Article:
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Mutualism-disrupting allelopathic invader drives carbon stress and vital rate decline in a forest perennial herb.

Brouwer NL, Hale AN, Kalisz S - AoB Plants (2015)

Bottom Line: Over a single growing season, the loss of RFS could reduce a plant's photosynthetic physiology and carbon storage.Alliaria-treated plants exhibit significant overall reductions in total non-structural carbohydrates and have 17 % less storage carbohydrates relative to controls.Together, our results are consistent with the hypothesis that disruption of a ubiquitous mutualism following species invasion creates symptoms of carbon stress for species dependent on RFS.

View Article: PubMed Central - PubMed

Affiliation: Department of Biological Sciences, University of Pittsburgh, Pittsburgh, PA 15260, USA brouwern@gmail.com.

No MeSH data available.


Related in: MedlinePlus

Effect of Alliaria on Maianthemum retrogression from flowering to non-flowering. (A) Annual mean difference in retrogression frequency (ES) in Alliaria-ambient and removal plot. Effect size is expressed as an OR and plotted on the log scale. (B) Mean retrogression frequencies in both treatments and ANOVA trend contrasts. Error bars represent ±95 % CIs. Asterisk indicates a significant effect of Alliaria removal (P < 0.05). Retrogression is calculated conditional on a plant being observed above-ground and not dormant. Sample sizes for 2006 and 2007 were insufficient for vital rate calculation.
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PLV014F4: Effect of Alliaria on Maianthemum retrogression from flowering to non-flowering. (A) Annual mean difference in retrogression frequency (ES) in Alliaria-ambient and removal plot. Effect size is expressed as an OR and plotted on the log scale. (B) Mean retrogression frequencies in both treatments and ANOVA trend contrasts. Error bars represent ±95 % CIs. Asterisk indicates a significant effect of Alliaria removal (P < 0.05). Retrogression is calculated conditional on a plant being observed above-ground and not dormant. Sample sizes for 2006 and 2007 were insufficient for vital rate calculation.

Mentions: Over time, chronic exposure to Alliaria was predicted to compound this carbon deficit and affect plant growth and vital rates. Results from our long-term field study of Alliaria removal are consistent with this prediction. Individual aboveground plant size (Fig. 2) and multiple carbon-intensive and size-dependent vital rates (Figs 3–5) are positively affected in Alliaria removal relative to Alliaria-ambient plots.Figure 3.


Mutualism-disrupting allelopathic invader drives carbon stress and vital rate decline in a forest perennial herb.

Brouwer NL, Hale AN, Kalisz S - AoB Plants (2015)

Effect of Alliaria on Maianthemum retrogression from flowering to non-flowering. (A) Annual mean difference in retrogression frequency (ES) in Alliaria-ambient and removal plot. Effect size is expressed as an OR and plotted on the log scale. (B) Mean retrogression frequencies in both treatments and ANOVA trend contrasts. Error bars represent ±95 % CIs. Asterisk indicates a significant effect of Alliaria removal (P < 0.05). Retrogression is calculated conditional on a plant being observed above-ground and not dormant. Sample sizes for 2006 and 2007 were insufficient for vital rate calculation.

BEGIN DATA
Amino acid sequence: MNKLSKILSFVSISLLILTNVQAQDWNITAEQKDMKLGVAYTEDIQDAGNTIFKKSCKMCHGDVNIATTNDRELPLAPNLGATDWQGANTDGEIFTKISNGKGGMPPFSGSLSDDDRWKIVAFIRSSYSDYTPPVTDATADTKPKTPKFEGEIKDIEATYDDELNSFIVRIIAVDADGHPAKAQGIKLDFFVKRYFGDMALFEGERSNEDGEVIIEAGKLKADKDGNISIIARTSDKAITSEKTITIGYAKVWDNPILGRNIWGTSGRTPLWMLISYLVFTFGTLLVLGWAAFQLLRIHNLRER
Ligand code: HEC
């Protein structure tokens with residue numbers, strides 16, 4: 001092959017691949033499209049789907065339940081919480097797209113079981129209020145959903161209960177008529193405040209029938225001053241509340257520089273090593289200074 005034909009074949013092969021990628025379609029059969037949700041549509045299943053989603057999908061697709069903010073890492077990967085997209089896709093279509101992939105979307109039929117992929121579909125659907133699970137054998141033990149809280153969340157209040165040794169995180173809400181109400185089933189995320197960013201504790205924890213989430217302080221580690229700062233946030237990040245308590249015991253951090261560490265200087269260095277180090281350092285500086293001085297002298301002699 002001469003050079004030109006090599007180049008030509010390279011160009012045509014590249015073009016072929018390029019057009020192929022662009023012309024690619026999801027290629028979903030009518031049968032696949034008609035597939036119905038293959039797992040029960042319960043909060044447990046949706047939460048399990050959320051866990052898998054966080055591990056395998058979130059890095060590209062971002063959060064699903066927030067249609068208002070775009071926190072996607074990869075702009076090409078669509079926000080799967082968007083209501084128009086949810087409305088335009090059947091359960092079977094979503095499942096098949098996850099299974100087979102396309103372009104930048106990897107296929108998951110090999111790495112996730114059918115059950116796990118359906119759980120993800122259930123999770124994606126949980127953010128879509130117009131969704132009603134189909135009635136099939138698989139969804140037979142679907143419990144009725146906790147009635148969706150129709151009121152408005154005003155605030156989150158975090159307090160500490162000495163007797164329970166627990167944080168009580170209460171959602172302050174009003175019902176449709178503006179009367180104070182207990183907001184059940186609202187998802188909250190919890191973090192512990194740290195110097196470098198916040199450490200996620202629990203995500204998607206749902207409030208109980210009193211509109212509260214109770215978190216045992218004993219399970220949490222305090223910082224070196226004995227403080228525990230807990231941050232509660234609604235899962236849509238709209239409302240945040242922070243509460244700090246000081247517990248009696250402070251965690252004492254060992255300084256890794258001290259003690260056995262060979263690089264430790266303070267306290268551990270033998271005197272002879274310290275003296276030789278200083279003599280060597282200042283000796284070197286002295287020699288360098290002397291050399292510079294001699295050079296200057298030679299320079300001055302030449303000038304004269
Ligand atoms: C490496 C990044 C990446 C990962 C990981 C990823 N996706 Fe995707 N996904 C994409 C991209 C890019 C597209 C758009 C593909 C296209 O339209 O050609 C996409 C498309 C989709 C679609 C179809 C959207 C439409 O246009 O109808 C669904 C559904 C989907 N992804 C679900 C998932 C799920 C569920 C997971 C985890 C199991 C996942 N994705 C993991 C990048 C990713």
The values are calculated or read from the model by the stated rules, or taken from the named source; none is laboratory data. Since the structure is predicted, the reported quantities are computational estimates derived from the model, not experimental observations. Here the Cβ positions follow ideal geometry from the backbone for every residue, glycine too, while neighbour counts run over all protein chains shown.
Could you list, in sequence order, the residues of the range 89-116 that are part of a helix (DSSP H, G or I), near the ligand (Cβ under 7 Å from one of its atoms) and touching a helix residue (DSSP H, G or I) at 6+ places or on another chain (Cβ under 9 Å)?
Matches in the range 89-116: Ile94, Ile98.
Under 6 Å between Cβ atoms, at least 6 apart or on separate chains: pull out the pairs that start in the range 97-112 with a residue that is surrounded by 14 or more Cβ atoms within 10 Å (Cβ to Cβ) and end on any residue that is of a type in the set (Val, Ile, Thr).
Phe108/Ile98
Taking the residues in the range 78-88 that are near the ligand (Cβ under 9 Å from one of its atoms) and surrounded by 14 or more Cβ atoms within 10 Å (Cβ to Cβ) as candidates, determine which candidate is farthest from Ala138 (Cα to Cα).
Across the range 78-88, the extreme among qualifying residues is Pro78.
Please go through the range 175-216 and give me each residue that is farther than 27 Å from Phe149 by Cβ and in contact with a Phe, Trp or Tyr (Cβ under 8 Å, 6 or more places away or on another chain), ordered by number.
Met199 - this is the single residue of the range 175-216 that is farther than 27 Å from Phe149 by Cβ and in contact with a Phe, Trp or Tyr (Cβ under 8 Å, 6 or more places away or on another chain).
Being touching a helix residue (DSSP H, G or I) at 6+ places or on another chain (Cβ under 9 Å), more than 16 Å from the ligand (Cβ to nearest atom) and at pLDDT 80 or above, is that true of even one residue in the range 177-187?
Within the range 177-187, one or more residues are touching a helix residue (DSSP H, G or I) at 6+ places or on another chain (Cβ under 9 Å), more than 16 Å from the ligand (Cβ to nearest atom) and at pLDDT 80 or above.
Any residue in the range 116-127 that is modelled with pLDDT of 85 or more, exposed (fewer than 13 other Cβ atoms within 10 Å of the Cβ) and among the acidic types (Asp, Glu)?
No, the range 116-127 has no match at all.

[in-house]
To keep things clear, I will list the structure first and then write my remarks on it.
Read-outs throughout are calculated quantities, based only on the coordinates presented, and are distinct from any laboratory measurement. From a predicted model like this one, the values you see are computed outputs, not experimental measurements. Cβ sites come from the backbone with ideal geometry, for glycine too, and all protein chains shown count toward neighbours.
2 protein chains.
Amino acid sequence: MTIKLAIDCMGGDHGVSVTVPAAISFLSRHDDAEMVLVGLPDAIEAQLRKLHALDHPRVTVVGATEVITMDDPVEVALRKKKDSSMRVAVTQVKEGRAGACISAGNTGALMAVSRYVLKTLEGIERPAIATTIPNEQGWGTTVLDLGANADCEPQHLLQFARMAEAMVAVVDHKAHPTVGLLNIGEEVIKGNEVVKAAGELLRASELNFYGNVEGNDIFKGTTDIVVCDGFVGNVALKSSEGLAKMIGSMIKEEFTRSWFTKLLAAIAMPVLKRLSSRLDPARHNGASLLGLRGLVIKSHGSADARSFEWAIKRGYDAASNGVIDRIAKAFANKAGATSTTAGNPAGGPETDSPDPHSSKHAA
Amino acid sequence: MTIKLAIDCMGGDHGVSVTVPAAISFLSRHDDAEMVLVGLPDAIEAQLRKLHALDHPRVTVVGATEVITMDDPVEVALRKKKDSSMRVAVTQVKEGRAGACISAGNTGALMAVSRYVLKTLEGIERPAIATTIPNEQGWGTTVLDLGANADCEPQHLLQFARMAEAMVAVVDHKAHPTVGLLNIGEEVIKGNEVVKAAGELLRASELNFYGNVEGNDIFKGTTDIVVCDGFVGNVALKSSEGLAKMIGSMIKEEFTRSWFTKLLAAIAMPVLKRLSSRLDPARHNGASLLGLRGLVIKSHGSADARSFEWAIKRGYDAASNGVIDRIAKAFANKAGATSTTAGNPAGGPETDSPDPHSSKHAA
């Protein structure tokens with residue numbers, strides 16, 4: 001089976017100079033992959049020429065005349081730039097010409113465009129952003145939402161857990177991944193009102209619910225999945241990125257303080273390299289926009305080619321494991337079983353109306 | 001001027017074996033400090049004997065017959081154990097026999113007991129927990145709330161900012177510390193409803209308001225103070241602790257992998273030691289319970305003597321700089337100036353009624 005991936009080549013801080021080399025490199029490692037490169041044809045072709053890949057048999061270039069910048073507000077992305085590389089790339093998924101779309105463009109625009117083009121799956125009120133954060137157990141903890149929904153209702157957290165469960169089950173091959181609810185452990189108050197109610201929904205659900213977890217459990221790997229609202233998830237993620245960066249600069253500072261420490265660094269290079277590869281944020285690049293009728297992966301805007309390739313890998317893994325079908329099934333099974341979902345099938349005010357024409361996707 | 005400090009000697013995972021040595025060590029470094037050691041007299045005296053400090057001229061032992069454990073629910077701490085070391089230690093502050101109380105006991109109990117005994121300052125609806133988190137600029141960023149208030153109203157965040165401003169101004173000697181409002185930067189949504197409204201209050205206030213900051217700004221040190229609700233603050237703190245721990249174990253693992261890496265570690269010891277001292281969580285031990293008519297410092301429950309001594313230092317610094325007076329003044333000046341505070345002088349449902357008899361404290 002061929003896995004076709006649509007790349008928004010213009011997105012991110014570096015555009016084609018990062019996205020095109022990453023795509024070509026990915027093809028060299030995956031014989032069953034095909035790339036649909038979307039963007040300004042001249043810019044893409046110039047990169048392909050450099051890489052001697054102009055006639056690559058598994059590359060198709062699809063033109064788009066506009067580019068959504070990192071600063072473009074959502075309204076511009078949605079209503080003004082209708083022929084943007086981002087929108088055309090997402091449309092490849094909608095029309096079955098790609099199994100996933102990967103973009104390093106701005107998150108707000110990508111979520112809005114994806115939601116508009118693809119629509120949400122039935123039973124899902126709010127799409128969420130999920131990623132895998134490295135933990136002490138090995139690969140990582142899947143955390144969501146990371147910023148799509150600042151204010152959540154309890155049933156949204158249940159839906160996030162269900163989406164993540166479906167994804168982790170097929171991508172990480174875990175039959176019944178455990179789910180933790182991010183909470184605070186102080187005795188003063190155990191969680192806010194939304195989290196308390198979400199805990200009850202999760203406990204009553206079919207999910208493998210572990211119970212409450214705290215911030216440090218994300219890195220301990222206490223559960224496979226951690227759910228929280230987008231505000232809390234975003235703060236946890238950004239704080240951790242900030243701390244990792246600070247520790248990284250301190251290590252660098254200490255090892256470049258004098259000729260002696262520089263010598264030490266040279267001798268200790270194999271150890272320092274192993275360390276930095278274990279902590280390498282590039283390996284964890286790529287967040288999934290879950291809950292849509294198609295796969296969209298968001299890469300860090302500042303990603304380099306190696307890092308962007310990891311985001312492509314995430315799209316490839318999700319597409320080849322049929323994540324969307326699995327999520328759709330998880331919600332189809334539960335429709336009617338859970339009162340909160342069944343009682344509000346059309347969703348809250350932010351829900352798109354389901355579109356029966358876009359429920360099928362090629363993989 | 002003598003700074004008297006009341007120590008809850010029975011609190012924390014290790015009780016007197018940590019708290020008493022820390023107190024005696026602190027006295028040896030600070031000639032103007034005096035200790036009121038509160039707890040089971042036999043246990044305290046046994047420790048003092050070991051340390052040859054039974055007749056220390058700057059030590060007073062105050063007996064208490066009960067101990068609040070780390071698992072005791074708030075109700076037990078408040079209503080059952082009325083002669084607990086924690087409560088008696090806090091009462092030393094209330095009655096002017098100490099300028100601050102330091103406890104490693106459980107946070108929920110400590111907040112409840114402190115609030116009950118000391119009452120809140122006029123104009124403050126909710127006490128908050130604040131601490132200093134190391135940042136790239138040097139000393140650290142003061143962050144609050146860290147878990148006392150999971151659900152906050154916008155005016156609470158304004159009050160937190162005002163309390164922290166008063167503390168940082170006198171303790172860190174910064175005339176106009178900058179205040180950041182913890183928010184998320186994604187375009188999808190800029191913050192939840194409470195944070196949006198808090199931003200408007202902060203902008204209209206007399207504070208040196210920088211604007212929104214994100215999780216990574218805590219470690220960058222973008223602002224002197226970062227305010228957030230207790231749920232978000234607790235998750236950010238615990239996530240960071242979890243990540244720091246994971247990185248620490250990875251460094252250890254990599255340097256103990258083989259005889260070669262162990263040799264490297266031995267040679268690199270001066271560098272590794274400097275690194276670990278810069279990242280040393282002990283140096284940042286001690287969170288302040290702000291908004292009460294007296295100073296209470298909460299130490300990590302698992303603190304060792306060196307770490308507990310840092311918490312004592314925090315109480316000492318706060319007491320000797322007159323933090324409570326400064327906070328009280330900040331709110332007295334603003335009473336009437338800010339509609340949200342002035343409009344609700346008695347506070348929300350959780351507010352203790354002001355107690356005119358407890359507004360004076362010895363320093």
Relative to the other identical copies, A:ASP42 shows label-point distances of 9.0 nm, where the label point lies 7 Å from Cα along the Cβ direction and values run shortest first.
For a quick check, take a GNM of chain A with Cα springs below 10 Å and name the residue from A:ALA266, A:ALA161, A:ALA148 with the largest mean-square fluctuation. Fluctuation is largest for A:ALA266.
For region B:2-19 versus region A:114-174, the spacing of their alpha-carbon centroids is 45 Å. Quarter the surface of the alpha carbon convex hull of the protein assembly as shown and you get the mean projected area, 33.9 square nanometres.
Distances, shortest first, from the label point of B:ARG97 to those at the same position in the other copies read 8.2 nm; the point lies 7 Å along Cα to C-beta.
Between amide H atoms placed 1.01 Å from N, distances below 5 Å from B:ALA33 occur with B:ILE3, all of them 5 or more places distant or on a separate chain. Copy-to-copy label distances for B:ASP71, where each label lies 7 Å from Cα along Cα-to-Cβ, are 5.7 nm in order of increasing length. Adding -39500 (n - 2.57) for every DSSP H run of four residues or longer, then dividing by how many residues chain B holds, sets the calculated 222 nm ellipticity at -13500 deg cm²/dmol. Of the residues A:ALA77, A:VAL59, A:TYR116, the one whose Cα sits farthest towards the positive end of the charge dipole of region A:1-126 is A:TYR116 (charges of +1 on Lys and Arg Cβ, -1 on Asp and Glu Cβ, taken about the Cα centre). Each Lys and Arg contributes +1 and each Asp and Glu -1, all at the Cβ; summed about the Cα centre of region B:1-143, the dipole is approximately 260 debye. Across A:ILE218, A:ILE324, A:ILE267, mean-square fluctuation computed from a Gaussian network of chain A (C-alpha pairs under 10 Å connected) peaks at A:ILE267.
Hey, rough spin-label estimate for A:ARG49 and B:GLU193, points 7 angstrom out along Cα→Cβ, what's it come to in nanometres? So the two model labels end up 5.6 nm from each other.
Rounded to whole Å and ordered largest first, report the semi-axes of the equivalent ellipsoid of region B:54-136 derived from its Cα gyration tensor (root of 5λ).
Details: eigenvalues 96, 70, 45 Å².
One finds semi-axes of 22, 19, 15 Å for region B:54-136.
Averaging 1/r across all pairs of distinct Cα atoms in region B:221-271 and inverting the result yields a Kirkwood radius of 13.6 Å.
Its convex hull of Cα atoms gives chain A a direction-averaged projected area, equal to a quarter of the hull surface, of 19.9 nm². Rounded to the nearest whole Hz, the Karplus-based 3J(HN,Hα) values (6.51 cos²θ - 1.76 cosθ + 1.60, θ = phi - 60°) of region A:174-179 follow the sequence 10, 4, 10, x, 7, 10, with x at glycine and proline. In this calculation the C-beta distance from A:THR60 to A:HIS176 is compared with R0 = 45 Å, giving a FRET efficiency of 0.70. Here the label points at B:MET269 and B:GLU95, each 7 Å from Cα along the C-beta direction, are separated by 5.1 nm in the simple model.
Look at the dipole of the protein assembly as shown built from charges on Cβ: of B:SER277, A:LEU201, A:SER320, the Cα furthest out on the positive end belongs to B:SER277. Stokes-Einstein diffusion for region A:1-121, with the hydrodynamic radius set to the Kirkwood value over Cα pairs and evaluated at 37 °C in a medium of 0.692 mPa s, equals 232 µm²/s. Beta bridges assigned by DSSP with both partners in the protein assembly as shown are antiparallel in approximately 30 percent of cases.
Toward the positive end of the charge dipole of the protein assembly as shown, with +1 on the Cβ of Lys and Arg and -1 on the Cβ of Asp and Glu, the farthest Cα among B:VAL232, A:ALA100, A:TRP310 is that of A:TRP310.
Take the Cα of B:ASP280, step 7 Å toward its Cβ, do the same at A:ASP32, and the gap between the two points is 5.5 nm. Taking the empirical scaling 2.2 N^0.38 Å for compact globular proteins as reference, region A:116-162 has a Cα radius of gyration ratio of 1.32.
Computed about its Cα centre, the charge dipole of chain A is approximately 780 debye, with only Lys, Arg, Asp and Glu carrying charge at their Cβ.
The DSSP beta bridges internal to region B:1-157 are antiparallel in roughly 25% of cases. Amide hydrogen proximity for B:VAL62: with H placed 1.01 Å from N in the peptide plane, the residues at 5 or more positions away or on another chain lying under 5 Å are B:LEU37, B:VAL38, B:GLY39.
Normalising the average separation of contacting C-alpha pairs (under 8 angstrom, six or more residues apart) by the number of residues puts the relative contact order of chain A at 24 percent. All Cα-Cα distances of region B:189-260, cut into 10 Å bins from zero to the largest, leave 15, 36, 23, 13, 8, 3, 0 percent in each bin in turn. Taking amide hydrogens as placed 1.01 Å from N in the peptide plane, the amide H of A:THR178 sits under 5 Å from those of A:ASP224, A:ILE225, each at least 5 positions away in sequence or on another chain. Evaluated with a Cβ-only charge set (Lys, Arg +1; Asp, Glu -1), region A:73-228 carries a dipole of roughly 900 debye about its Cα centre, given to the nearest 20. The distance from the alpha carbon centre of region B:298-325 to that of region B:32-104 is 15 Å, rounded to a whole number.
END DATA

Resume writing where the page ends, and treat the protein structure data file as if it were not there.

© Copyright Policy - creative-commons
Related In: Results  -  Collection

License
Show All Figures
getmorefigures.php?uid=PMC4374104&req=5

PLV014F4: Effect of Alliaria on Maianthemum retrogression from flowering to non-flowering. (A) Annual mean difference in retrogression frequency (ES) in Alliaria-ambient and removal plot. Effect size is expressed as an OR and plotted on the log scale. (B) Mean retrogression frequencies in both treatments and ANOVA trend contrasts. Error bars represent ±95 % CIs. Asterisk indicates a significant effect of Alliaria removal (P < 0.05). Retrogression is calculated conditional on a plant being observed above-ground and not dormant. Sample sizes for 2006 and 2007 were insufficient for vital rate calculation.
Mentions: Over time, chronic exposure to Alliaria was predicted to compound this carbon deficit and affect plant growth and vital rates. Results from our long-term field study of Alliaria removal are consistent with this prediction. Individual aboveground plant size (Fig. 2) and multiple carbon-intensive and size-dependent vital rates (Figs 3–5) are positively affected in Alliaria removal relative to Alliaria-ambient plots.Figure 3.

Bottom Line: Over a single growing season, the loss of RFS could reduce a plant's photosynthetic physiology and carbon storage.Alliaria-treated plants exhibit significant overall reductions in total non-structural carbohydrates and have 17 % less storage carbohydrates relative to controls.Together, our results are consistent with the hypothesis that disruption of a ubiquitous mutualism following species invasion creates symptoms of carbon stress for species dependent on RFS.

View Article: PubMed Central - PubMed

Affiliation: Department of Biological Sciences, University of Pittsburgh, Pittsburgh, PA 15260, USA brouwern@gmail.com.

No MeSH data available.


Related in: MedlinePlus